4. 4. Strategies and tactics for success in energy services markets A Delta White Paper – April 2011Spanish energy suppliers focus on Me-Too boiler servicing optionsIn Spain, energy suppliers have been largely absent from the energy services market. As the energyretail market gradually becomes more competitive, energy suppliers are using heating systemservices (in the form of insurance and maintenance contracts) as a way of making their energy supplyofferings more attractive. While increasing their revenues, the main prize is attracting (and potentiallykeeping) new energy supply customers.Centrica sees ‘big-time’ opportunities in the UKIn September 2010, Centrica’s CEO Sam Laidlaw said “The old utility business model is dead”. Hewent on to say that within just a few years, the British Gas energy services business will become atleast as big as its energy supply business. The company has worked to keep all profits from energyservices in-house, rather than outsource delivery to third party partners. There is no doubt as to BG’sposition as the UK market leader and pace-setter. The company is investing heavily to maintain andgrow its competitive advantage in the UK energy services market – but key to this strategy is makingthe best informed decisions about where, when and how to invest.A complex picture - strategy and tactics are required for each area of theenergy services marketIn analysing different EU countries, Delta found some stark differences between the six areas of theenergy services market. Each company needs to develop its own tailored approach, and to decide inwhich parts of the market it can succeed.As an example, we show below the UK market for low carbon heat. Today, the market is small, butrelatively profitable. Energy suppliers have a low market share. The size of the bubble representsthe market size today. By 2020, the market will have exploded in size. Margins will have fallen due toincreased market competition and lower technology costs, but will remain attractive. Finally, theenergy supplier role in the market could have increased considerably, sending the market from“Locked Out” into “Big Time”.FIGURE 2: THE UK MARKET FOR LOW CARBON HEATING INSTALLATIONS WILL EXPLODE IN SIZE,AND WILL SHIFT FROM A LOCKED-OUT TO A BIG TIME SCENARIO (2010 TO 2020)Source: Delta Energy & Environment, 2011© Delta Energy & Environment Ltd 2011 Page 4
  5. 5. Strategies and tactics for success in energy services markets A Delta White Paper – April 2011Using this scenario approach, Delta has sized each area of the energy services market and assessedthe value that can be captured by energy suppliers. This defines the ‘size of the prize’ for energysuppliers within each area of energy services market, and informs decisions regarding the optimumstrategic focus.FIGURE 3: DEFINING STRATEGIC FOCUS – THE SIZE OF THE PRIZEThe value for energy suppliers can vary significantly between the different areas of the energyservices market, as illustrated for one country in the following chart. The blue bars indicate the directsources of value from products and services. The orange bars indicate indirect value from usingenergy services to shape the timing of customer demand for energy, and to reduce the likelihood ofcustomers switching to other energy retailers. € million Fossil Boilers  Low carbon  Heating  Energy  Onsite DG HEM Smart  Customer  ‐ install heat ‐ install system  efficiency demand retention servicesSource: Delta Energy & Environment, 2011Tactics for success in energy services marketsSupported by the case study library, Delta has developed nine tactics as part of a toolkit forcompanies to use to develop their own strategy for success. Each energy supplier will need to selectthe combination of tactics that match its level of ambition in each area of the energy services market.Delta concludes from its research that the development of tactics can be grouped into the followingkey areas:FIGURE 4: SELECTING TACTICS – THE KEY AREAS AND NATURE OF COMPETITION Heating (especially Selective smaller Indirect – customer low carbon) and services (eg PV, retention & smart services insulation) demand Battle with Battle between installers and Very fragmented suppliers and competition manufacturers new entrantsDelta’s research and analysis can help energy suppliers and other companies decide their strategicfocus, and to select the right tactics within each part of the energy services market.© Delta Energy & Environment Ltd 2011 Page 5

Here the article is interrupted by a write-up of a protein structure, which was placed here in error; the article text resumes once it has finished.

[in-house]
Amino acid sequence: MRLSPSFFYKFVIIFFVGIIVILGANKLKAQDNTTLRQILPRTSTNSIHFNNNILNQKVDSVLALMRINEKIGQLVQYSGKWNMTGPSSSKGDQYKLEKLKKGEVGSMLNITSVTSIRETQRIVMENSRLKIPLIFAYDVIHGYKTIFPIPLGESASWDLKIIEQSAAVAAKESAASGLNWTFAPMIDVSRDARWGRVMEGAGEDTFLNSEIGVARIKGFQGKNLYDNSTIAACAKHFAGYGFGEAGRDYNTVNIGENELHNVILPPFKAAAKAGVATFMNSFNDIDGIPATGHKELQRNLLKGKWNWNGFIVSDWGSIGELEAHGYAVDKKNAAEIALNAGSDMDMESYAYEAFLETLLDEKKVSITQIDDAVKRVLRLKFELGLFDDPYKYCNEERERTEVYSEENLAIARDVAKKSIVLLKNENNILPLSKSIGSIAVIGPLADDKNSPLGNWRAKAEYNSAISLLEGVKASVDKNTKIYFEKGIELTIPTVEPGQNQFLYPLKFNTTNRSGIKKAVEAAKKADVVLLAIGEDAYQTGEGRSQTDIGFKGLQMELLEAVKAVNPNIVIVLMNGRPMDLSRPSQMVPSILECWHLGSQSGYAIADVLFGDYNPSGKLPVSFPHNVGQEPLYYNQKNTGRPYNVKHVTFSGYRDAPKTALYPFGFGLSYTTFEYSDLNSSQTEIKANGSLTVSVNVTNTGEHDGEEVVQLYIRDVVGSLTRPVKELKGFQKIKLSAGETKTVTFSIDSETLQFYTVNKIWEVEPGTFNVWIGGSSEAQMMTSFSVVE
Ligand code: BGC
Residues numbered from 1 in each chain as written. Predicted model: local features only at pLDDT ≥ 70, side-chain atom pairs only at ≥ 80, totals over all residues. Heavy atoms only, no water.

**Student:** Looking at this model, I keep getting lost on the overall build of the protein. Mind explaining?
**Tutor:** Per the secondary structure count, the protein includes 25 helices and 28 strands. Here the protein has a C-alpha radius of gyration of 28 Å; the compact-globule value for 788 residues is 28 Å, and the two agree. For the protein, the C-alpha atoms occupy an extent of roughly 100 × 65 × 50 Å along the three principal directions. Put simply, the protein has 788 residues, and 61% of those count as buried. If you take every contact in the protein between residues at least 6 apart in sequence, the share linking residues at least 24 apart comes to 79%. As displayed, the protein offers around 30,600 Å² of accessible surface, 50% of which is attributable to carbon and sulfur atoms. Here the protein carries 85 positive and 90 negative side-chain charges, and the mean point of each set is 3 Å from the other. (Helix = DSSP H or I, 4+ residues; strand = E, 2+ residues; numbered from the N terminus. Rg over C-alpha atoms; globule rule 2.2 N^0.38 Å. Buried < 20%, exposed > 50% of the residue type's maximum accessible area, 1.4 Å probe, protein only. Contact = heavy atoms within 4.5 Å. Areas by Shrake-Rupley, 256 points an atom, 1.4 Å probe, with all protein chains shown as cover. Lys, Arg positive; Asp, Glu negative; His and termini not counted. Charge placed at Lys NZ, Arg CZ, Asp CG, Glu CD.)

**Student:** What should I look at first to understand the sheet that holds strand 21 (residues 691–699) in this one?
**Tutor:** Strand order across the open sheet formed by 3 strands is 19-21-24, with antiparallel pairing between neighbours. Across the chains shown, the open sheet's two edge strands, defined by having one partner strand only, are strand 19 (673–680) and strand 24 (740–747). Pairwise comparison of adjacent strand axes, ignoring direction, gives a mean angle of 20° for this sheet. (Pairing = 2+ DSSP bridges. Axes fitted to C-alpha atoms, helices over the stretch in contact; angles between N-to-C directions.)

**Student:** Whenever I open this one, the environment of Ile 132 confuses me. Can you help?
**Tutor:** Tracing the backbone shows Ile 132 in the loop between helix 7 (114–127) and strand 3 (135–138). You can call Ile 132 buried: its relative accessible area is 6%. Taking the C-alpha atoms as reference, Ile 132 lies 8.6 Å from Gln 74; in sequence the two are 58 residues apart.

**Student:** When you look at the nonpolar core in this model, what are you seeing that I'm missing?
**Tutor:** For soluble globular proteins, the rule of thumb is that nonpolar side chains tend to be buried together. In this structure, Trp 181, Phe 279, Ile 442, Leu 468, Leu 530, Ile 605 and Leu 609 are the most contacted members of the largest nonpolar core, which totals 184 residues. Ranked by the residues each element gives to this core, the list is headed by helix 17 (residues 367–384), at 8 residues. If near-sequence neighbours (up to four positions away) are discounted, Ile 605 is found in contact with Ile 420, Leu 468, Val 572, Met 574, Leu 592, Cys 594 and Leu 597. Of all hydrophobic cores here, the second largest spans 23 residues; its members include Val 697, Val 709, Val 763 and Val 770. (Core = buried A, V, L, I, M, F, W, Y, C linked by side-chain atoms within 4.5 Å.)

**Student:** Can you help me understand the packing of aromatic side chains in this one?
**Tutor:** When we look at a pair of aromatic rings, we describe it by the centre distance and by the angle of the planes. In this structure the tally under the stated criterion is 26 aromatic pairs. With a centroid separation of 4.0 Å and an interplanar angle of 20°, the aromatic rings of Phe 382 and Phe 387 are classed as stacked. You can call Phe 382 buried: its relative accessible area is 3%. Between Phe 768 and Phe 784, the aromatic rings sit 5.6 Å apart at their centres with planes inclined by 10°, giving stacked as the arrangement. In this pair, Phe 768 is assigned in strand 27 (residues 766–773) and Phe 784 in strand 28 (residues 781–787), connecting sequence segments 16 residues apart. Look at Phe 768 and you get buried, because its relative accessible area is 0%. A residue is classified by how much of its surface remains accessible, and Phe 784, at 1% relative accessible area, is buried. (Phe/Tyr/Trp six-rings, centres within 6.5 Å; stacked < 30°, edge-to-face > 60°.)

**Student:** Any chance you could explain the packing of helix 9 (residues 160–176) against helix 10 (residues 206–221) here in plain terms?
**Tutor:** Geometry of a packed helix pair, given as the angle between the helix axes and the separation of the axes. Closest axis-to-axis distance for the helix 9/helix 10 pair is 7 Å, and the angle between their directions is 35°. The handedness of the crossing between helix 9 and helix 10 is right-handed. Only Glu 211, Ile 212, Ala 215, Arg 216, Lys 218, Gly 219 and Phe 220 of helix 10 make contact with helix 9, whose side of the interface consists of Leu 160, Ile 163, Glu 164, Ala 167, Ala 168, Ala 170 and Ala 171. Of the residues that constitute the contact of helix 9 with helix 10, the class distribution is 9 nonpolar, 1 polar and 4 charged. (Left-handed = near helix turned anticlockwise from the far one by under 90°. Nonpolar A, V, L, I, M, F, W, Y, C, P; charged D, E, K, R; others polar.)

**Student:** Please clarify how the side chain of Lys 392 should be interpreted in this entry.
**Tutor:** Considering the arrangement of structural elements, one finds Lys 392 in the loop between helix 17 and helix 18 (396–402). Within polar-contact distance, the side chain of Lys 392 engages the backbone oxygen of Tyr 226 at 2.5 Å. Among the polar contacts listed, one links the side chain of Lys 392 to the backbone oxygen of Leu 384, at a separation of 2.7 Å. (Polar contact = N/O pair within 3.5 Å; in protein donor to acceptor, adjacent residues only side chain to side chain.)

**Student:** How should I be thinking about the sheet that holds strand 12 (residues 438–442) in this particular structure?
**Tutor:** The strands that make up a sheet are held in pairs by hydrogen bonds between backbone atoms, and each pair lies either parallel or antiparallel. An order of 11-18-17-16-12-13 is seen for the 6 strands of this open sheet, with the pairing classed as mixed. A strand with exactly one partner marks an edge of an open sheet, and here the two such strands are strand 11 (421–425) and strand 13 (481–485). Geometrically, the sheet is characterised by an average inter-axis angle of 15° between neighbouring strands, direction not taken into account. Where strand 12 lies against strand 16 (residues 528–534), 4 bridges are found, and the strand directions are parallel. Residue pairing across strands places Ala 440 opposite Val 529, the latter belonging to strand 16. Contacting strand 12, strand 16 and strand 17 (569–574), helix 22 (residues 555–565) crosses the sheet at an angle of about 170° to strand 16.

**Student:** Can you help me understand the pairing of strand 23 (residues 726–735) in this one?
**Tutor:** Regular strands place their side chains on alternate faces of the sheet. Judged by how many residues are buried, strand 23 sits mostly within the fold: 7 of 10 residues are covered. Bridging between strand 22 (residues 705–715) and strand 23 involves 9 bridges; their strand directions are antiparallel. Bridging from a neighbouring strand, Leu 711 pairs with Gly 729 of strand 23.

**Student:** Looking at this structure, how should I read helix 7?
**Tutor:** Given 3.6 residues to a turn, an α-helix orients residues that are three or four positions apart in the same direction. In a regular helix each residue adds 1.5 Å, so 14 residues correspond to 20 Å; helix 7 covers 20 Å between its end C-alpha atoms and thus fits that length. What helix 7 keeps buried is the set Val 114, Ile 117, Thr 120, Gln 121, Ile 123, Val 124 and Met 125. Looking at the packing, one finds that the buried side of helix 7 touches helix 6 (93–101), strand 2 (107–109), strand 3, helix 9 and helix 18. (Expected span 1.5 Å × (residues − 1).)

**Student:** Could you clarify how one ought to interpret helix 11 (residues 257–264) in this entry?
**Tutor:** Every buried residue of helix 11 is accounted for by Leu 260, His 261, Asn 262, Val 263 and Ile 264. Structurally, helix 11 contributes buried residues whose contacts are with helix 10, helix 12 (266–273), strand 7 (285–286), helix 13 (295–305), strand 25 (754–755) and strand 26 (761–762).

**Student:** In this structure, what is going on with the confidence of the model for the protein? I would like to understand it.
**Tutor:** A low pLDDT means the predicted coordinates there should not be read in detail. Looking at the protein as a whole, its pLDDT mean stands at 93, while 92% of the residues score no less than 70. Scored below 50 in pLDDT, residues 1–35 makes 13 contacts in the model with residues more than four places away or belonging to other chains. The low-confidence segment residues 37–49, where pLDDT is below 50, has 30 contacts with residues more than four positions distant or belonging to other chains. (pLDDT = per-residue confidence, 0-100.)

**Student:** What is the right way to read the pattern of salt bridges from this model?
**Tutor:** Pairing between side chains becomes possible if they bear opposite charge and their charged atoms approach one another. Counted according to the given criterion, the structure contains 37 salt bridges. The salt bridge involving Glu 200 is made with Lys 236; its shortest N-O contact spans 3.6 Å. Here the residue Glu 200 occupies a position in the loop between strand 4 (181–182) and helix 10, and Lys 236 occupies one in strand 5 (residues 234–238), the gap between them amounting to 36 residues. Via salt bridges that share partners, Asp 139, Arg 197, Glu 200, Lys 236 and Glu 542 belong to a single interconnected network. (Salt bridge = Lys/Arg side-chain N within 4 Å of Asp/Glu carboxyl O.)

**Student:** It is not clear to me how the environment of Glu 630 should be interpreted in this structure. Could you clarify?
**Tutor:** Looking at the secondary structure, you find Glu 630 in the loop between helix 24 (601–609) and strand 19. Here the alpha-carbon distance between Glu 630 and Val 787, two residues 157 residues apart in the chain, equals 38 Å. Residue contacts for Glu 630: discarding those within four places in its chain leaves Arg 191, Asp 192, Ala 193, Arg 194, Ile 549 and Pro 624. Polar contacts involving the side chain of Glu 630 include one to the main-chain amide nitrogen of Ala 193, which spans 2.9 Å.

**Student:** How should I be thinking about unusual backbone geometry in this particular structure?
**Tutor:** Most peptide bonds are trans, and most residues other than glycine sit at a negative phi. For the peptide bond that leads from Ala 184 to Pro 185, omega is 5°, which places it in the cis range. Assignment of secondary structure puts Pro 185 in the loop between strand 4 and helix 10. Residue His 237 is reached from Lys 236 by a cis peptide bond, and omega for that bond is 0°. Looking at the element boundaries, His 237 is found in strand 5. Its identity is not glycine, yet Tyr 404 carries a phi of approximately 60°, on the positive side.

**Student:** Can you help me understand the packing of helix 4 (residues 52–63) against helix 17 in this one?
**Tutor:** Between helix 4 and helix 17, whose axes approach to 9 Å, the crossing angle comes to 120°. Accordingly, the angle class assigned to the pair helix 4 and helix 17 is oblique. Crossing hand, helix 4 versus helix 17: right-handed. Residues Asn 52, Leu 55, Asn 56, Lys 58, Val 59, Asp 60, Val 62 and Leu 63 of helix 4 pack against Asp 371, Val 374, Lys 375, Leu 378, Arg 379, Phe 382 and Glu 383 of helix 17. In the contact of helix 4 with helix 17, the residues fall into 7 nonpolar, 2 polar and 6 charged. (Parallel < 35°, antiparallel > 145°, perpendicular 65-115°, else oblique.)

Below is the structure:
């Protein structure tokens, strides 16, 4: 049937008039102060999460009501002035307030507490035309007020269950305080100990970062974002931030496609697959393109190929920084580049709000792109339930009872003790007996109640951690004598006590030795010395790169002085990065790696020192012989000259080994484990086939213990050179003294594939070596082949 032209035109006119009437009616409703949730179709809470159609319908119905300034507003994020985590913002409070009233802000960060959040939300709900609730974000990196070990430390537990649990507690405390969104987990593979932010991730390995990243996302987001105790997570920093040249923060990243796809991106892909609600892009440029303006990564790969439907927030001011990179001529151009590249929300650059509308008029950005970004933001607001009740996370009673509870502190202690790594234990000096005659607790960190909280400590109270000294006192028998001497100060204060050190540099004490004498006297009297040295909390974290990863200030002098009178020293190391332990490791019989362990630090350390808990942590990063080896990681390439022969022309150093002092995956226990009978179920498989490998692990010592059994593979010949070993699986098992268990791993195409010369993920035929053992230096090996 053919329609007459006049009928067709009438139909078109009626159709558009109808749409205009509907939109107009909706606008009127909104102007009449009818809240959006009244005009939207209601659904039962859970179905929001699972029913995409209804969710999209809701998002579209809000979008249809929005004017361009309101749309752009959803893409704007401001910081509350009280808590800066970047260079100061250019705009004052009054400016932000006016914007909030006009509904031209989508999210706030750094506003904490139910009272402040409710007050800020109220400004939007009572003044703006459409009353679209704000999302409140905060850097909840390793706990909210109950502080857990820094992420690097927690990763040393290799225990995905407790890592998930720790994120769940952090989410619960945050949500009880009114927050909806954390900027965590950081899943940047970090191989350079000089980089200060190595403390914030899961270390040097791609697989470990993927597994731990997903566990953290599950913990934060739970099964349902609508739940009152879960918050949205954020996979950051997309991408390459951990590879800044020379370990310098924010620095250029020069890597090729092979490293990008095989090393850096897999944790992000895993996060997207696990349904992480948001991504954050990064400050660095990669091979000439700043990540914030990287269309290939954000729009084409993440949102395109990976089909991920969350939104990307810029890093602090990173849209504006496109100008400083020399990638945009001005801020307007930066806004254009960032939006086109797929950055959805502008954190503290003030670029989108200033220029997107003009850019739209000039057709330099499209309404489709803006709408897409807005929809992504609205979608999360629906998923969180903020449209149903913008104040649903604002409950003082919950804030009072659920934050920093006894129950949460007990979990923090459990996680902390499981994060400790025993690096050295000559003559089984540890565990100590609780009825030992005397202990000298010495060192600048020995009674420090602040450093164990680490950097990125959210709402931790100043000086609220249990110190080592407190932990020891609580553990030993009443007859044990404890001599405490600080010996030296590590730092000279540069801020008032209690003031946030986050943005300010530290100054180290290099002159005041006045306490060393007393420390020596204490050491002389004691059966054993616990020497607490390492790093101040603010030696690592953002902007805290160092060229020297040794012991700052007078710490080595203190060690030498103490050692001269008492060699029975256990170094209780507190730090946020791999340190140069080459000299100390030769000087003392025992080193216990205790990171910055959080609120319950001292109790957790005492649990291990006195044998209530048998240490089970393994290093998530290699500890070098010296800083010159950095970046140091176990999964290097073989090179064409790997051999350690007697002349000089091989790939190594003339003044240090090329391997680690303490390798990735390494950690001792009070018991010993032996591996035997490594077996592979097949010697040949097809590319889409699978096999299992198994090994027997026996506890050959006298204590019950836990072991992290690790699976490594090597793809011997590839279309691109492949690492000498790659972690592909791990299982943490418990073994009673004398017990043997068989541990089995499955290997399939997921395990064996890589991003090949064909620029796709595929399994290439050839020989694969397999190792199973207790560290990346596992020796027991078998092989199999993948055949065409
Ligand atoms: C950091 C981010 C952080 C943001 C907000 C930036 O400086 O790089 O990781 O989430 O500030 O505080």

6. 6. Strategies and tactics for success in energy services markets A Delta White Paper – April 2011 About Delta’s Research This Delta White Paper is based on research carried out for the Delta multi-client study, ’Energy Services Mass Markets: Strategies for Success to 2020’. For further details on the research of the study, or any questions about this White Paper, please contact one of: Andy Bradley,, + 44 131 476 4259 Cian McLeavey-Reville,, +44 131 625 3332 Jon Slowe,, +44 131 625 1004 Or visit: Delta’s 2nd Annual ‘Energy Services in Europe’ Summit 8 June 2011, Copenhagen Following Delta’s highly successful first ‘Energy Services in Europe’ Summit held in June 2010 in Amsterdam, this invitation-only Summit brings together 50 European utilities and other key stakeholders to explore how energy services markets and utility strategies will evolve within these markets. For further details, please contact Andy Bradley,, +44 131 476 4259. Companies attending the first Summit included Centrica, Endesa, Fortum, E.ON UK, EDF, Nuon, Essent, E.ON Ruhrgas, Iberdrola, EDP, Enamo, ScottishPower, ESB, Electrabel, EDF Energy,, European Commission, Kofler Energies and others.© Delta Energy & Environment Ltd 2011 Page 6